If you’re struggling through the rest of this growing season, it’s probably hard to think about getting ready for next year. But if you want to get cover crops in your fields, now’s the time to start ordering.
There are lots of seed sources on the market and the impetus is mostly the farmer to use due diligence when buying. The first step is to confirm the seed is tested and labeled correctly, says Jason Goltz, North Dakota State Seed Department regulatory programs manager.
Each state has its own seed laws, so you’ll want to read up on those before looking into buying. Many states require agricultural seed offered for sale, or sold for planting purposes, to be labeled — including proof of seed testing.
Planting untested cover crop seed can be risky because it may not germinate, or it might be contaminated with weed seed that could result in years of headache and challenges in subsequent years.
No-tillers with organic crops may deal with an even more complicated picture. The National Organic Program stipulates that organically grown seed must be used, when commercially available, according to information from University of Florida Extension. If a grower can demonstrate to the certifying agent that organic seed was not available, then conventionally-grown, untreated seed can be used.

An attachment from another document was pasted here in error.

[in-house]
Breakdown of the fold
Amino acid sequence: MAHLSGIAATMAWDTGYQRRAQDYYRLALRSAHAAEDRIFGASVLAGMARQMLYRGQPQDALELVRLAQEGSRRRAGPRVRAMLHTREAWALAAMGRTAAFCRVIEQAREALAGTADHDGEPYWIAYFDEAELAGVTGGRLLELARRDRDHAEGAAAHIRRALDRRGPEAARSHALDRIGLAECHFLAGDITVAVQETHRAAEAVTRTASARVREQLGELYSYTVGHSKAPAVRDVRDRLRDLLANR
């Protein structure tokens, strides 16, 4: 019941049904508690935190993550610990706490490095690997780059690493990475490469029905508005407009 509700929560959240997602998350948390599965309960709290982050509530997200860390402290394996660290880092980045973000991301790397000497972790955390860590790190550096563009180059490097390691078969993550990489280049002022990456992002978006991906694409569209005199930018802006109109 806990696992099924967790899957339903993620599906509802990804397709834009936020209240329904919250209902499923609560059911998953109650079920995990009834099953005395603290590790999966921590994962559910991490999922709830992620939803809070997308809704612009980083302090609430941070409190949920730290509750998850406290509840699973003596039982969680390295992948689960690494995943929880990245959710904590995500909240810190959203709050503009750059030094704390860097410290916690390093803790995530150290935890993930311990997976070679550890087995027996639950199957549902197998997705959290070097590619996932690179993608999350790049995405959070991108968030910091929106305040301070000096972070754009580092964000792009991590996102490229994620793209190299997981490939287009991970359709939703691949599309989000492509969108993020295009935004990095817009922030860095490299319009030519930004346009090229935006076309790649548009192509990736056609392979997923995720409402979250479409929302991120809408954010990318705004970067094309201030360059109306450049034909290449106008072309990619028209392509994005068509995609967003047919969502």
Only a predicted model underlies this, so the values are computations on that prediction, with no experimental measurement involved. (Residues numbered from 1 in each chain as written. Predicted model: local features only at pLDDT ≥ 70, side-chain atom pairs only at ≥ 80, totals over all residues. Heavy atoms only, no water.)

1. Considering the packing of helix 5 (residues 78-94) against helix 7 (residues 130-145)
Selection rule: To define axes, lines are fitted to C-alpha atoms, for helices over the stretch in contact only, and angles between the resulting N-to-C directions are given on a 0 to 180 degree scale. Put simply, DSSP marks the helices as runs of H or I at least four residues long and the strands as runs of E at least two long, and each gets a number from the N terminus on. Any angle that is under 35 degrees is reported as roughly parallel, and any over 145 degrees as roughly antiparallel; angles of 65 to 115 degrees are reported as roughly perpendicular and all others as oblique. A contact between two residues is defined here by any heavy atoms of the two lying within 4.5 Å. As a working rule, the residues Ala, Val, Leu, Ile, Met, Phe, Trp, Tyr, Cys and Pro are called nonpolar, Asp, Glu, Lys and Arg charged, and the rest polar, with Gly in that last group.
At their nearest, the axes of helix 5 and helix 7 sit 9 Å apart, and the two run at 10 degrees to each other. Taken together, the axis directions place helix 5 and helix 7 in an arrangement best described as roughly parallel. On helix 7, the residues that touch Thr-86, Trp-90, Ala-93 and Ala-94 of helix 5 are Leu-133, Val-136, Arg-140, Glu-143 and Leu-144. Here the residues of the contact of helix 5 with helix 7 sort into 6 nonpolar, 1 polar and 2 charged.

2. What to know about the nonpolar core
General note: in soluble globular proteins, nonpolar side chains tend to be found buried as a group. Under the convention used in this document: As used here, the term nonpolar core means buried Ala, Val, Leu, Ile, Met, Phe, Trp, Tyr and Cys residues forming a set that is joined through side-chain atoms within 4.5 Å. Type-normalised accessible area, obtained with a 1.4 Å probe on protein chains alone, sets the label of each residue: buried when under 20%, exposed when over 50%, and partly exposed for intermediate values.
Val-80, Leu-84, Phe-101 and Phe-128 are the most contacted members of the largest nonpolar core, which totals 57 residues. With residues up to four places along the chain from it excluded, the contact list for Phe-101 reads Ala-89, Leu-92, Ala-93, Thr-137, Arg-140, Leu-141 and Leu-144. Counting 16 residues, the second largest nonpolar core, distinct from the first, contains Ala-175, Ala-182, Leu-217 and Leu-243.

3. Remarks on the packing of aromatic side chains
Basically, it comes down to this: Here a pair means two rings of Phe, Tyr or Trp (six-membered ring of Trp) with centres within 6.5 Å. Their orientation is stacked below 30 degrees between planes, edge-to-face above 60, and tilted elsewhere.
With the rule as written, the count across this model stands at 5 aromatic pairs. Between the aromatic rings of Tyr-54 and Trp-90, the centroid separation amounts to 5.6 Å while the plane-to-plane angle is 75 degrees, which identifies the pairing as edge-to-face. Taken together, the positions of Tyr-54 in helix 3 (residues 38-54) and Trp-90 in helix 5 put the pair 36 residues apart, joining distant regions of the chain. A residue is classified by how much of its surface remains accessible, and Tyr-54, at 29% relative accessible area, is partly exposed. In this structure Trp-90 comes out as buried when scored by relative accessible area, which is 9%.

Organic growers should be careful with buying conventional cover crop seed, as often the seed has been treated with prohibited substances. Untreated seed is usually available. Certified organic cover crop seed is becoming increasingly available, but demand is quite high, so the seed can be pricey.
Be careful of cover crop seed that is classified as “GMO-free” sold buy some retailers. Laboratory tests can detect genetically modified seed, according to University of Florida Extension. If you really want GMO-free seed, contact the seed retailer and request documentation.
With advance planning and research, you can be sure that your cover crop seed meets all legal and quality requirements and is a good fit for your operation.